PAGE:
In April 1950 Dowling left Sydney with great regret and in need of rest. He was given leave before his appointment in June as chief of naval personnel. Elevated at the same time to commodore, first class, he had much of the status of a rear admiral. It is likely that Dowling would have later received an exchange posting with the R.N., had not Rear Admiral H. B. Farncomb—who was in line to succeed Collins as chief of Naval Staff—been retired in 1951. Farncomb's departure made Dowling the heir apparent.
Dowling's term in charge of personnel reinforced his interest in sailors' welfare and pay. The demands of the Korean War and the expansion of the R.A.N. in a period of low unemployment occasioned considerable manpower problems. Dowling did his best to make the navy an attractive career, recruited former R.N. personnel and expanded the women's service. Appointed C.B.E. in 1953, he attended the Imperial Defence College, London, that year. On 8 July he was promoted rear admiral and in December assumed command of H.M.A. Fleet. The Federal government introduced economies after hostilities ceased in Korea, and he was obliged to oversee a reduction in operations. Contrariwise, he had the pleasure of escorting the royal yacht, Gothic, during Queen Elizabeth II's tour of Australia in 1954.
Superseding Collins as chief of Naval Staff on 24 February 1955, Dowling was promoted vice admiral and appointed C.B. in June. His term of office was marked by continuous pressure on the R.A.N. as the government curbed defence spending and accorded the navy the lowest priority of the three services. Collins had reluctantly decided to cancel new construction. Dowling struggled to retain the Fleet Air Arm and the aircraft carrier, Melbourne.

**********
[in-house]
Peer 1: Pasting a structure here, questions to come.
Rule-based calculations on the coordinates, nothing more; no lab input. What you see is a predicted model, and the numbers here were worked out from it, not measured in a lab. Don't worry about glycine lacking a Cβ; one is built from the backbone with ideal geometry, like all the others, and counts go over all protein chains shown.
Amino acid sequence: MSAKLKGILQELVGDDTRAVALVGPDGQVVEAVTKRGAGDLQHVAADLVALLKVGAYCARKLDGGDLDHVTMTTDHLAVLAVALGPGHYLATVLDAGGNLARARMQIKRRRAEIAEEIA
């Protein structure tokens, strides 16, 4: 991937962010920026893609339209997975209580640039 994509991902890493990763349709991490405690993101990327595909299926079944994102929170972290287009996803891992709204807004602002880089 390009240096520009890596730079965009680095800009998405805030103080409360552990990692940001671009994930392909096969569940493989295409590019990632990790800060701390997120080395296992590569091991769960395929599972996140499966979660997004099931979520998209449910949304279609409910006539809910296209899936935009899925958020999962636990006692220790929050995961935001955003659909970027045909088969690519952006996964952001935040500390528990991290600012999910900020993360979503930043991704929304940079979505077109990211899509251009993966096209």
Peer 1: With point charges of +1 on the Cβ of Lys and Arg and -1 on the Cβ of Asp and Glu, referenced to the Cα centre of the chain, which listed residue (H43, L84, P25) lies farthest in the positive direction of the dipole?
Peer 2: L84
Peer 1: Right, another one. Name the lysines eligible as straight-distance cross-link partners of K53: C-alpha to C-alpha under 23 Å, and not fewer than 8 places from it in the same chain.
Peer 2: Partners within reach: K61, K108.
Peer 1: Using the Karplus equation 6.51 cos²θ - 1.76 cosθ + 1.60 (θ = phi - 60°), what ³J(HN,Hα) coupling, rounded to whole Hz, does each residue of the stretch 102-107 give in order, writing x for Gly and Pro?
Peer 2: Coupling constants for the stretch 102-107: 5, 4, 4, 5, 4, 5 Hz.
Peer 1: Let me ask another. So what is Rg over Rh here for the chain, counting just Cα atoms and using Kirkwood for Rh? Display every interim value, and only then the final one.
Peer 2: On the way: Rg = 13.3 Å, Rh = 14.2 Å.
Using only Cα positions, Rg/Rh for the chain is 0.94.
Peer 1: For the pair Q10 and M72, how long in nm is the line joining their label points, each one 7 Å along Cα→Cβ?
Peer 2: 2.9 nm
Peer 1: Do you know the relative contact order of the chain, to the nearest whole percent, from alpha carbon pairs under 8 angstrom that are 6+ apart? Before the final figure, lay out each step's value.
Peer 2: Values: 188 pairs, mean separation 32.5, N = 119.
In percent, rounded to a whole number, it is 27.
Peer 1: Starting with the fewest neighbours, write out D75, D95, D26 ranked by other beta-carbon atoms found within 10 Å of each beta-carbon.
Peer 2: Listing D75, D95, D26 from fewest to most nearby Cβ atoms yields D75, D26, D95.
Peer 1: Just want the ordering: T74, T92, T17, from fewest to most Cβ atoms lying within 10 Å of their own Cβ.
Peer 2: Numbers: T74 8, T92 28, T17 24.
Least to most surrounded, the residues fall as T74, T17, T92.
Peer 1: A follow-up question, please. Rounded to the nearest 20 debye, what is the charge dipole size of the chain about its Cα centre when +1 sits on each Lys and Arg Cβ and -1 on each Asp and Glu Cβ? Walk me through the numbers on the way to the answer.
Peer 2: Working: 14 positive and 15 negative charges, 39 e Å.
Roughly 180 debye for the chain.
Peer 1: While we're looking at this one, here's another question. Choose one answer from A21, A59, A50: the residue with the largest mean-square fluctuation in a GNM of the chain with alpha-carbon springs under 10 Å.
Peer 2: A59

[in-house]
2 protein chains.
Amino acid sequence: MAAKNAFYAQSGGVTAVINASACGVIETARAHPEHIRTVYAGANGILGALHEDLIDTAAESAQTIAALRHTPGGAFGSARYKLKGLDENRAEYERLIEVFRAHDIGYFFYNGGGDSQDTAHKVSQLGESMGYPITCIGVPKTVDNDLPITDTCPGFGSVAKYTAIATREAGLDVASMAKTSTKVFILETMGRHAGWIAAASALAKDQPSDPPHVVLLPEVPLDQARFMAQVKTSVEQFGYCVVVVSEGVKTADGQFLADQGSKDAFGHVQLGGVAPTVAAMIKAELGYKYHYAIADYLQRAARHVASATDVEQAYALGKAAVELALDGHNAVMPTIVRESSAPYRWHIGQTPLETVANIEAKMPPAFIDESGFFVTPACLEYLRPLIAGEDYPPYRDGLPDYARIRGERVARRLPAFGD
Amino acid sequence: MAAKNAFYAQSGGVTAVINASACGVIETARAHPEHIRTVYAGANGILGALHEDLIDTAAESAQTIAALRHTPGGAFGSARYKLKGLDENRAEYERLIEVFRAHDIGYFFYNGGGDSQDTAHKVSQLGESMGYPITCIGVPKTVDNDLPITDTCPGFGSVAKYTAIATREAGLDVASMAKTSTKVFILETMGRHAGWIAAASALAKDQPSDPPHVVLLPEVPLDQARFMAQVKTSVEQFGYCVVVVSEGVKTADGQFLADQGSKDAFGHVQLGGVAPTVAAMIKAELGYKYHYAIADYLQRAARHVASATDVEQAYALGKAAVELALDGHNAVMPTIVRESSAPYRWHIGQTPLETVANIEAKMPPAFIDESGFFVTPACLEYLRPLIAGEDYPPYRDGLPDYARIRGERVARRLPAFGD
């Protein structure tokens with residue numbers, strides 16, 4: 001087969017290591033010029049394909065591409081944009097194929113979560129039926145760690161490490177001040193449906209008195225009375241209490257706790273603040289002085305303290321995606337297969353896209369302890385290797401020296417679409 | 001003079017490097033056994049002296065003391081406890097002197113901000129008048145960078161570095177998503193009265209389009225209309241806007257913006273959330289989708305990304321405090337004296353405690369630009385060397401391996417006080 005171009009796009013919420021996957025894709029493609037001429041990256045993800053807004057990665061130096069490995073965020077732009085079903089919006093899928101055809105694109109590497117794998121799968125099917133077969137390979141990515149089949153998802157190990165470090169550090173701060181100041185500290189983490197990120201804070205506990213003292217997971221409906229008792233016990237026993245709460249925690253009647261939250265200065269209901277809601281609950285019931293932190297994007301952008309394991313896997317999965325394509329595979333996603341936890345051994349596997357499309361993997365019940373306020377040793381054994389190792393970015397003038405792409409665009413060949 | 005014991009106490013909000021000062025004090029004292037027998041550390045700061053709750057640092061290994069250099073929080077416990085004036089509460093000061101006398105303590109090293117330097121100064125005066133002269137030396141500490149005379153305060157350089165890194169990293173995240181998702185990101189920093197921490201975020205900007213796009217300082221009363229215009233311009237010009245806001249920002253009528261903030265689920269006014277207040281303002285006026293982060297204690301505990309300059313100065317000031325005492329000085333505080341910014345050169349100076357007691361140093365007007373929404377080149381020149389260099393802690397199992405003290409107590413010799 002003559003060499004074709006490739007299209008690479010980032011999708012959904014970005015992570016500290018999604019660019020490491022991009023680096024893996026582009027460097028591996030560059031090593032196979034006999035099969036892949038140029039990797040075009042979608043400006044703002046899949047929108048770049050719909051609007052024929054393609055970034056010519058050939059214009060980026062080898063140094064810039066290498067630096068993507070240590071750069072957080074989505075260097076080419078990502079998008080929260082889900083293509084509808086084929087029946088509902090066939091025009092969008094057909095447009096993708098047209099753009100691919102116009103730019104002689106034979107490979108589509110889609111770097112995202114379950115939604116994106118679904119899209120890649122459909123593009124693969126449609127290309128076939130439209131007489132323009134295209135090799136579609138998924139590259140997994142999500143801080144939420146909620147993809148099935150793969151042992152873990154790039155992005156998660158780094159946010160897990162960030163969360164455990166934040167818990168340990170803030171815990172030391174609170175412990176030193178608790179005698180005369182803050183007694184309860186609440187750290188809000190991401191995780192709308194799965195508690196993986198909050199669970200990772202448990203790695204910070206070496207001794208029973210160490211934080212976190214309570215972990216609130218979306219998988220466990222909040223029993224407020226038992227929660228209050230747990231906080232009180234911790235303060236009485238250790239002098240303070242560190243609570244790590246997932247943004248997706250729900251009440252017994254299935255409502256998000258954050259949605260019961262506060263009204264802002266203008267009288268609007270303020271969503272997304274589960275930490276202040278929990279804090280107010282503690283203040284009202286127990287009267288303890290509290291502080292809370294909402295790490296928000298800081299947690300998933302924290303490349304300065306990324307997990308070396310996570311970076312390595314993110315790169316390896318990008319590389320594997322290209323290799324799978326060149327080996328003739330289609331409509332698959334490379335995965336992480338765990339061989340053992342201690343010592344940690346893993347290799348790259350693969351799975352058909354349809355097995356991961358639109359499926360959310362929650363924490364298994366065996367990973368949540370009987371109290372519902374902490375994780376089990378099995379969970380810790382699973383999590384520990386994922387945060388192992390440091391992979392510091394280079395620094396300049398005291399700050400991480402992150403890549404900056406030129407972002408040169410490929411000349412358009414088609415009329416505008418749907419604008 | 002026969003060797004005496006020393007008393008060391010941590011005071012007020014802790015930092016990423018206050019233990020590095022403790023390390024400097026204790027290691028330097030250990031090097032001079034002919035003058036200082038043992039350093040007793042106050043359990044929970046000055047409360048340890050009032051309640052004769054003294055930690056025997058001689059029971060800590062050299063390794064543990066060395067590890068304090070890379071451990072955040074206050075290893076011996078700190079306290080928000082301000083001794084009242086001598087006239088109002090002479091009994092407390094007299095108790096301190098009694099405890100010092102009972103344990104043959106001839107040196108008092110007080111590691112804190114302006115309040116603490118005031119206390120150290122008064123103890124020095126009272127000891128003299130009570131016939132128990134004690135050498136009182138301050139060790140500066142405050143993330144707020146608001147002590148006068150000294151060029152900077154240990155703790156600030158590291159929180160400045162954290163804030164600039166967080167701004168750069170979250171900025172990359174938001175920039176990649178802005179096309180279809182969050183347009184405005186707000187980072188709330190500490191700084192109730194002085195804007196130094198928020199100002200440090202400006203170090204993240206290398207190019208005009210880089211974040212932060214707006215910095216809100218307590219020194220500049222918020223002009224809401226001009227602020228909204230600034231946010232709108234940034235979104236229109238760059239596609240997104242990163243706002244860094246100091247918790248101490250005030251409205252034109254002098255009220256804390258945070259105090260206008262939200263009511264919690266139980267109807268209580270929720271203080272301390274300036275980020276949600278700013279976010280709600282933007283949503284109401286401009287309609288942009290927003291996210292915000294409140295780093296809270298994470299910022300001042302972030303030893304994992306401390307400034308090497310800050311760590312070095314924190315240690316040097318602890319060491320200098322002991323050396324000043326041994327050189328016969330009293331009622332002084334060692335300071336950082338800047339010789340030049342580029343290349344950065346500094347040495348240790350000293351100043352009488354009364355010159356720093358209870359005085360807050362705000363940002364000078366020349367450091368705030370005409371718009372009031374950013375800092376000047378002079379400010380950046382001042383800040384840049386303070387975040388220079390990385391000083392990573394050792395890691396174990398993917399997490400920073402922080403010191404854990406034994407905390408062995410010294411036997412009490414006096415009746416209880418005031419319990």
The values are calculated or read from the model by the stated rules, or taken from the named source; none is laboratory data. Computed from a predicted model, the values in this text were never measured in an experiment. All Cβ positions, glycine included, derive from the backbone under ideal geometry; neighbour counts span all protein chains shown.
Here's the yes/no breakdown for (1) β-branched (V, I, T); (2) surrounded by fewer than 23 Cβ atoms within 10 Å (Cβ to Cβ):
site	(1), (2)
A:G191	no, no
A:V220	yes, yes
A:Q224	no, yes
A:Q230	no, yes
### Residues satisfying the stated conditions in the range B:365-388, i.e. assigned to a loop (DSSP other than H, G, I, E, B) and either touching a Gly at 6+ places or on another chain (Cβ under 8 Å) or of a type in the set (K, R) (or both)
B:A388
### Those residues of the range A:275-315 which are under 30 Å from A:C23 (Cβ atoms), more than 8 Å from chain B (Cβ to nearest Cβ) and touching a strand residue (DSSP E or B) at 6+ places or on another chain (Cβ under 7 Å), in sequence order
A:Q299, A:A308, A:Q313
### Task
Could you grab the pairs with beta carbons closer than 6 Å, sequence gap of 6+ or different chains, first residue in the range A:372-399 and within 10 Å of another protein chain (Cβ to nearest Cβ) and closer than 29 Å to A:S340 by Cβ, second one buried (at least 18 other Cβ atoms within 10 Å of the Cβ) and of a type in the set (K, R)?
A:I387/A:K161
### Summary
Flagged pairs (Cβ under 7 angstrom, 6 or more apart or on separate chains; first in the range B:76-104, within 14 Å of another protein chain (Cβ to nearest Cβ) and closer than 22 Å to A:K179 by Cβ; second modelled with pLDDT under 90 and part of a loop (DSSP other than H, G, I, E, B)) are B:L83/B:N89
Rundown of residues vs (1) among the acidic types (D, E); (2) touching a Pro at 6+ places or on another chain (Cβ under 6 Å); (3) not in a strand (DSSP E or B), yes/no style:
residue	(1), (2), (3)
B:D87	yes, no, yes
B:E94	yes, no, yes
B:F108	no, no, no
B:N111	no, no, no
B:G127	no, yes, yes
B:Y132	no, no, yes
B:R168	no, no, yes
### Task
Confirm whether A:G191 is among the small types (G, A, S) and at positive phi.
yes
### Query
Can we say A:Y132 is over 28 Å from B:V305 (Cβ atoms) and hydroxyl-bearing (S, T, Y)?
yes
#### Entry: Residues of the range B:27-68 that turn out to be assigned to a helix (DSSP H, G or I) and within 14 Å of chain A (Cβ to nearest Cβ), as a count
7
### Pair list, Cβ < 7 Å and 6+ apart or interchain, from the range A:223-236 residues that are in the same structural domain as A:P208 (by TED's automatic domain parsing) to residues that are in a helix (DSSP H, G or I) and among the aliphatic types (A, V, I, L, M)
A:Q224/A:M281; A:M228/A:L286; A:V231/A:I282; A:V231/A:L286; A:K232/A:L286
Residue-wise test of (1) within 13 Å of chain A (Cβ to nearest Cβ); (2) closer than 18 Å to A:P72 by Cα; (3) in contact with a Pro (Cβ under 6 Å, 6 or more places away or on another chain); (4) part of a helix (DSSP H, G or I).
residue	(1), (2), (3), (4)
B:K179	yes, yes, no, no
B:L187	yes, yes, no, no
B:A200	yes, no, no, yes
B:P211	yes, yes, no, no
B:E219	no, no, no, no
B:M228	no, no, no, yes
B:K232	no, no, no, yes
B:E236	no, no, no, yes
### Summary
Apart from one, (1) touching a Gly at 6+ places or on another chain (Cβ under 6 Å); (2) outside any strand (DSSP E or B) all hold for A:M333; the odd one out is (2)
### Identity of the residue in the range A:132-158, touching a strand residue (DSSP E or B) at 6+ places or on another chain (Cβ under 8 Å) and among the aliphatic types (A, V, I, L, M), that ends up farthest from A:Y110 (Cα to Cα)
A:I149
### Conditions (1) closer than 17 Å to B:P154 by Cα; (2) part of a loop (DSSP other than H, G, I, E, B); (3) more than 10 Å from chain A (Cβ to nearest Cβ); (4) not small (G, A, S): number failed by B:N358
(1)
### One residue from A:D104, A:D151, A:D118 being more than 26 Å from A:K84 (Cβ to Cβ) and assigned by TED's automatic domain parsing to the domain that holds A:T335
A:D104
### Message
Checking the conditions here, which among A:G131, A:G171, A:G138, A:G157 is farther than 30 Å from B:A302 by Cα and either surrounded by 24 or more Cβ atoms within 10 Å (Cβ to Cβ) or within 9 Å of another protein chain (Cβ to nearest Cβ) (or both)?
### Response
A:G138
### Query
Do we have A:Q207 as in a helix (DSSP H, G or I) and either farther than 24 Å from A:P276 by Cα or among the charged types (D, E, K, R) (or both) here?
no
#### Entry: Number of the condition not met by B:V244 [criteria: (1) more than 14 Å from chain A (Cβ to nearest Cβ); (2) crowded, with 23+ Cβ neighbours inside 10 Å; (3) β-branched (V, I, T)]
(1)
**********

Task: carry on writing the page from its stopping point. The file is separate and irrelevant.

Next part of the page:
With a limited capacity in the Naval Staff for assessing technological developments, Dowling came to rely on the advice of the British first sea lord, Earl Mountbatten, whom he admired and whose friendship he valued. The years 1955-59 marked the last flourish of the client relationship of the R.A.N. with the R.N., even though Britain was no longer able to help in maintaining those capabilities which Australians thought essential in their service. Alarmed by the expansion of the Soviet and Indonesian navies, Dowling canvassed the purchase of tactical nuclear weapons to provide some means of destroying large warships.
The need for an offensive capacity of this nature and for protection against modern aircraft increasingly concerned the Naval Staff. Much of the groundwork was laid in Dowling's time for the later decision to buy American guided-missile destroyers, though he held that the R.A.N.'s primary contribution to the Western alliance should remain in anti-submarine warfare. He was one of the first to propose that the R.A.N. be equipped with submarines and believed that they would be essential if the Fleet Air Arm could not be sustained. His long-held wish to return the R.A.N.C. from Flinders Naval Depot to Jervis Bay was realized in 1958. He moved his office to Canberra in 1959.